It seems that everywhere you look, a new start-up is trying to make it big with a game-changing idea. But it’s only the ones that can turn that idea into reality that reach business success. Too many start-ups fail to make the transition from idea to execution or encounter major setbacks along the way. In the midst of developing your growing start-up, don’t make the common mistake of disregarding tedious, but vital tasks such as making sure all your legal, insurance, financial and tax ducks are in a row.
Establishing a solid legal system can help you avoid costly mistakes and save time and stress down the road. Many entrepreneurs struggle with developing such systems because they don’t foresee the most common mistakes start-ups make. Avoiding these only takes a little self-awareness and planning, so read on to learn how to sidestep the five biggest legal mistakes a start-up can make.
1. Be strategic when creating your entity. Think about your long-term goals, and choose an entity that matches up. Have your eye on major growth and raising capital? Consider a Delaware C-Corporation, which could set you up for venture capital. Looking for tax advantages? Look into the advantages of an S-Corporation structure that will allow you to minimize your payroll taxes by splitting your personal pay between salary and distributions.
And, while you can always convert your entity later on, doing it right the first time will save you time and money. When you talk with a lawyer about the best form of entity, make sure your lawyer doesn’t just suggest a one-size fits all solution, but actually understands the details of your business now and where you want to grow to in the future.
2. Be clear with co-founders. Don’t wait until your business begins to make a profit to begin discussing what each founder is worth. Confront the elephant in the room (i.e. money and position) and be clear on rights, decision-making authority and equity from the get-go. A well-drafted operating agreement or shareholder agreement is key here. The agreement process itself can surface potential conflicts in advance, and confirm whether you and your co-founders are truly in alignment before big investments of time and money are made.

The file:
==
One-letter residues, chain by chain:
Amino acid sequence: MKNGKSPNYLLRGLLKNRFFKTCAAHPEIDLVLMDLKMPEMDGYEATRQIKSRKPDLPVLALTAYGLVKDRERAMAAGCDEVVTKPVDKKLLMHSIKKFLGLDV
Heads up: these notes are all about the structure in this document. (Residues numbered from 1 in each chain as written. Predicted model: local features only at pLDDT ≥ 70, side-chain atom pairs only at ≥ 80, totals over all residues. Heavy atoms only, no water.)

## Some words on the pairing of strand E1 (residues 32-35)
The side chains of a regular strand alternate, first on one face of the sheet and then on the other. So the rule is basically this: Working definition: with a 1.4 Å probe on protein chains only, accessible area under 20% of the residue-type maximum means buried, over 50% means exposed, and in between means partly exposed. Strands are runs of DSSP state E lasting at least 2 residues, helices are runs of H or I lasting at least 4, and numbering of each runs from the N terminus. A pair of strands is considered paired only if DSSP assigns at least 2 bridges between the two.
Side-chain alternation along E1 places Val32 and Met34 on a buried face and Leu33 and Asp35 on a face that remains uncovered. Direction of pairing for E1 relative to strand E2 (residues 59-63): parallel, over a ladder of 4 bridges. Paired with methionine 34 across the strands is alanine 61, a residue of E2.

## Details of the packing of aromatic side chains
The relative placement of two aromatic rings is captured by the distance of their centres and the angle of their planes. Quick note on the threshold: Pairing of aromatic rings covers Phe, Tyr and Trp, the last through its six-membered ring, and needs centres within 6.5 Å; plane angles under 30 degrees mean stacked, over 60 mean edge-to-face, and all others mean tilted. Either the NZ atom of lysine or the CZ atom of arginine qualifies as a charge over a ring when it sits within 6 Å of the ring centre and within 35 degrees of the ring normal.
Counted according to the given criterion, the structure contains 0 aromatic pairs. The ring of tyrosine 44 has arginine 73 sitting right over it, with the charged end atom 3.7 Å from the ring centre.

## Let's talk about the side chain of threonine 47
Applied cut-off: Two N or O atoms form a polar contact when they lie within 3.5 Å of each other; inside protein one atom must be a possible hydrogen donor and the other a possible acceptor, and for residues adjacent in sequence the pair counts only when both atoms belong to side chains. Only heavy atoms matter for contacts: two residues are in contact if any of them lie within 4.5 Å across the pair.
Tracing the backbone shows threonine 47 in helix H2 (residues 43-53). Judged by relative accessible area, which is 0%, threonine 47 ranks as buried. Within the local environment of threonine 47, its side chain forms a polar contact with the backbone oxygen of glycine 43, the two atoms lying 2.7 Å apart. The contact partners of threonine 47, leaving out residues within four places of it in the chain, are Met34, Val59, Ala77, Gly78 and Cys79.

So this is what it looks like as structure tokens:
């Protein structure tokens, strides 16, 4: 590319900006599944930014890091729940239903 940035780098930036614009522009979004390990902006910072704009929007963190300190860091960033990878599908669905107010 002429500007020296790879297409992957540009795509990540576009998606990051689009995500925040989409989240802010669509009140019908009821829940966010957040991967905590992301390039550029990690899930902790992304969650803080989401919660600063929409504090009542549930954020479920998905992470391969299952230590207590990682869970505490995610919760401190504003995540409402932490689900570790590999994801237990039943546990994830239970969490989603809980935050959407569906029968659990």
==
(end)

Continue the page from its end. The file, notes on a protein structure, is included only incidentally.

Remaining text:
3. Protect your intellectual property. It’s essential to establish ironclad protections for the intellectual property that impacts your business’s future value. Think beyond just patents and trademarks; consider having founders, employees and third-party developers sign intellectual property rights agreements so you retain the value they may create while working for you.
4. Develop a robust set of contract templates. You will thank yourself later for establishing clear guidelines and minimizing your liabilities in writing. Online legal document drafting services are one size fits all; your business will be best served by developing a set of templates that meets your business’s unique needs.
5. Don’t overlook the importance of working with a lawyer. Working with a trusted lawyer can help you avoid all the mistakes above plus countless others you will likely make as you grow your start-up. A lawyer who also works as a creative, strategic advisor, as we do, will guide you to not just avoid legal mistakes, but set your business up with the right legal, insurance, financial and tax systems for a lifetime of business success.
Just because you’re a start-up doesn’t mean you have to be naive. If you are serious about developing a solid legal foundation for your start-up, begin by sitting down with a Creative Business Lawyer®, they can help you identify your liabilities, mitigate any legal risks and get you on the right track for success. This will allow you the freedom and energy to focus on growing your business.